Bagram’s Economy Declines in Shadow of Abandoned US Air Force Base

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Bagram (Afghanistan) (AFP) – For years, the sprawling military base of Bagram, just north of Kabul, was a powerful symbol of the United States’ 20-year war in Afghanistan.

The sprawling complex included an air force base that was the linchpin of the US invasion. Prisons where human rights groups claim widespread violations have occurred. and residential areas with swimming pools, cinemas and spas.

But weeks before Washington formally ended its military presence in Afghanistan last August, U.S. forces left the airbase in the middle of the night.

Today, military bases are occupied by the Taliban, who took over the country in a swift offensive as US forces retreated.

The U.S. departure from Bagram wrecked the economy of the nearby town of the same name, demonstrating just how deeply Afghanistan’s fate was tied to war and foreign aid.

“Today I am unemployed. I don’t know much about politics, but the withdrawal of US troops from the base is a huge economic loss,” said Saifulrahman Faizi, one of the town’s 80,000 residents. I was.

When Feiji was employed at the base, he was earning $30 per day. At the time, hundreds of people were queuing outside the premises for hours to get a job.

“No one goes there right now. Everything just crashed and everyone is struggling,” he said.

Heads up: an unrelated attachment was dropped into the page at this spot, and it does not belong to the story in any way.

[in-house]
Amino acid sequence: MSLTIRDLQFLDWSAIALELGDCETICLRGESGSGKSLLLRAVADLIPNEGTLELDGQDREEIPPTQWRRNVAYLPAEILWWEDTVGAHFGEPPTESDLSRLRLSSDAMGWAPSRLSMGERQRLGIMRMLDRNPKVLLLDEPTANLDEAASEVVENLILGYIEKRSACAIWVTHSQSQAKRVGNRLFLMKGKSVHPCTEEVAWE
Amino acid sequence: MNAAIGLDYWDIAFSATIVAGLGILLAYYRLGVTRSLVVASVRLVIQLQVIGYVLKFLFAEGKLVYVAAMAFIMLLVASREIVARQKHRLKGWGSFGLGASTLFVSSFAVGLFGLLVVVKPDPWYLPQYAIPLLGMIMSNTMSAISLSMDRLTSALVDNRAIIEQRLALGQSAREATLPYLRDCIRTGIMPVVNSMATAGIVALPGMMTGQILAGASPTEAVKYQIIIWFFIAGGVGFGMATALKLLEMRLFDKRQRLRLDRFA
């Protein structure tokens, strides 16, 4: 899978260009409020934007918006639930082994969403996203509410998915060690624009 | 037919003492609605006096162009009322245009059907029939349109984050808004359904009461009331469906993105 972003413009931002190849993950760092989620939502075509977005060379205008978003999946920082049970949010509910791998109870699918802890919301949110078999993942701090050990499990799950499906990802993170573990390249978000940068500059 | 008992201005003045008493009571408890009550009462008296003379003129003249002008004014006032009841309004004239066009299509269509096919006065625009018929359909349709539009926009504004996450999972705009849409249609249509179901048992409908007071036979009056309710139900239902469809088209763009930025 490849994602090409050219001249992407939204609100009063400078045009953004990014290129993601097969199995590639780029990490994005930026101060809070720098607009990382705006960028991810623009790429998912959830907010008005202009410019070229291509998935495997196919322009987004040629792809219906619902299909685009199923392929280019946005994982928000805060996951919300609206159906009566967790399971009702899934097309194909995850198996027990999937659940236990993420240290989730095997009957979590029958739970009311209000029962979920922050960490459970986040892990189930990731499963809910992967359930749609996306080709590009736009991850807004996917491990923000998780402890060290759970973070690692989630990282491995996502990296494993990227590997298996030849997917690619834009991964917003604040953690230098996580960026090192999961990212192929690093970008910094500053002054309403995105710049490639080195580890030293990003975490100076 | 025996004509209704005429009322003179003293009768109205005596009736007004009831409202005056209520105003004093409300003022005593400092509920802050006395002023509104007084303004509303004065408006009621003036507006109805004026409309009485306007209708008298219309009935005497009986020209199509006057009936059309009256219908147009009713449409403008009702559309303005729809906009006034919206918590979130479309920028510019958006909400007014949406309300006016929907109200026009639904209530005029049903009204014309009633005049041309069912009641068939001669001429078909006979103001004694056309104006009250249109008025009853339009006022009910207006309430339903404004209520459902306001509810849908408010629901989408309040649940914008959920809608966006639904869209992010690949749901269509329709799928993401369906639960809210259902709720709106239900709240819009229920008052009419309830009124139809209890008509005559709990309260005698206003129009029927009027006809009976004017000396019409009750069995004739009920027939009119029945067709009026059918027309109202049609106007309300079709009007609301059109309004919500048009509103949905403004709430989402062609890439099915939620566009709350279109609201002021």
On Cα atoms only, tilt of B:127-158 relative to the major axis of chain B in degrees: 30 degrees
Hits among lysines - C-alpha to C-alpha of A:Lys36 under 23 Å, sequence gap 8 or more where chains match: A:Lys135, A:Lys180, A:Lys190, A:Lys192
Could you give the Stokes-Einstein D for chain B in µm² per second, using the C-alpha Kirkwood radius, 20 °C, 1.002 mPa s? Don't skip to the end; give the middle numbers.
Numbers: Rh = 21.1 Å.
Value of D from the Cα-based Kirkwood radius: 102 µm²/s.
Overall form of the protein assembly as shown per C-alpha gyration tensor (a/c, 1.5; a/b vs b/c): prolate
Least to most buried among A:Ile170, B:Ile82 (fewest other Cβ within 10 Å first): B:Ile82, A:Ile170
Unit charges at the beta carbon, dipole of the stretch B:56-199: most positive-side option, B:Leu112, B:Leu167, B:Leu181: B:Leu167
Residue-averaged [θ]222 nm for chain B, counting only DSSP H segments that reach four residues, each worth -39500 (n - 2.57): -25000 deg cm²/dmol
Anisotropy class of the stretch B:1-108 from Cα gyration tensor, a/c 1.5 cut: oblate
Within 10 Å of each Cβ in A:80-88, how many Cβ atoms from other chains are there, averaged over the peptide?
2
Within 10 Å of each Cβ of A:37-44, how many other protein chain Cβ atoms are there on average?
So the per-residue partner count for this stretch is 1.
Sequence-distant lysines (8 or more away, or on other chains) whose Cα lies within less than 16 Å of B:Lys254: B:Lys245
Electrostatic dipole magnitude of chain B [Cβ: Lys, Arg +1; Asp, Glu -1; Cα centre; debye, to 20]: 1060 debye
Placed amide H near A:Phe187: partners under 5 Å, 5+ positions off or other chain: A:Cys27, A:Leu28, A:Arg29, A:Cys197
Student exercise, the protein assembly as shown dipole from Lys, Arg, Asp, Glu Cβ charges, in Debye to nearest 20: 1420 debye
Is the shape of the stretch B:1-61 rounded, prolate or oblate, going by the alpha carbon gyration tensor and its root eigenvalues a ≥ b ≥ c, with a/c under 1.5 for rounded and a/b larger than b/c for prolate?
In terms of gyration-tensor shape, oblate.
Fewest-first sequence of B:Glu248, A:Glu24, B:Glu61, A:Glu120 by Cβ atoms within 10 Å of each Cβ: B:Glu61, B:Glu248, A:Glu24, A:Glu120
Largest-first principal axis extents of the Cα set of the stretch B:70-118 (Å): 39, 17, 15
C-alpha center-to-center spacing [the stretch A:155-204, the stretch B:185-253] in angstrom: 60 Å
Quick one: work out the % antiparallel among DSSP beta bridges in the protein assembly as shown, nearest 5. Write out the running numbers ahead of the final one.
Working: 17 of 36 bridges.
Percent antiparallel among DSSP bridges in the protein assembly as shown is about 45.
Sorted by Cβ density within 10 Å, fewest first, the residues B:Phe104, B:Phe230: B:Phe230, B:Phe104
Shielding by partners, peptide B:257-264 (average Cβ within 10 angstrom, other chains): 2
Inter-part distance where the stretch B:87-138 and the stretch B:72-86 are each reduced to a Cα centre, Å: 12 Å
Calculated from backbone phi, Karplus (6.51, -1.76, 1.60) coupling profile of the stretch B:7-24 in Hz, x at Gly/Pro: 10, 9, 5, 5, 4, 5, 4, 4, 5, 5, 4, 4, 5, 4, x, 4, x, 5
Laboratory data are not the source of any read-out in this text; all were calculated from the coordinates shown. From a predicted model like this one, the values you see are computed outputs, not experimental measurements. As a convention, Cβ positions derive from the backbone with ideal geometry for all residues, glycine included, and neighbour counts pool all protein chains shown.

closed shop

Nowhere is the economic collapse of a town more evident than in the main market.

Closed stores and warehouses line the streets, and sales at stores that remain open are plummeting.

Shah Wali, a 46-year-old grocery store owner, said he used to earn between 20,000 and 30,000 Afghanis ($230 to $340).


Today he can hardly pay the rent.

“Peace has been restored with the Taliban in power, but business is over,” Wali told AFP, clutching a rosary.

At the peak of the U.S. military invasion, Bagram was home to tens of thousands of troops and contractors, and the town served as a hub for a large amount of supplies that served the base.

The airfield was first built by the United States for its Afghan ally during the Cold War in the 1950s.

After the Red Army invaded Afghanistan in 1979, the Soviet Union greatly expanded it.

After their withdrawal, the base was controlled by a Moscow-backed government and then by the unstable Mujahideen regime during the civil war in the 1990s.

With the Taliban seizing power last year, the airfield is now under their control.

“Sky City”

When the U.S. military withdrew, much of the military hardware was taken home, but a large amount of civilian equipment was left behind.

For months, the town managed to thrive with a booming scrap business, but residents now say that too is dying.

Shops that used to sell used gym equipment, generators, air conditioners and spare car parts are either closed or taking few orders.

Several houses are now uninhabited and residents have moved to Kabul or elsewhere in search of work.

Many people who worked at the base also fled the country, fearing retaliation from the Taliban.

“Half the people were gone and the town felt very empty,” Feiji said.

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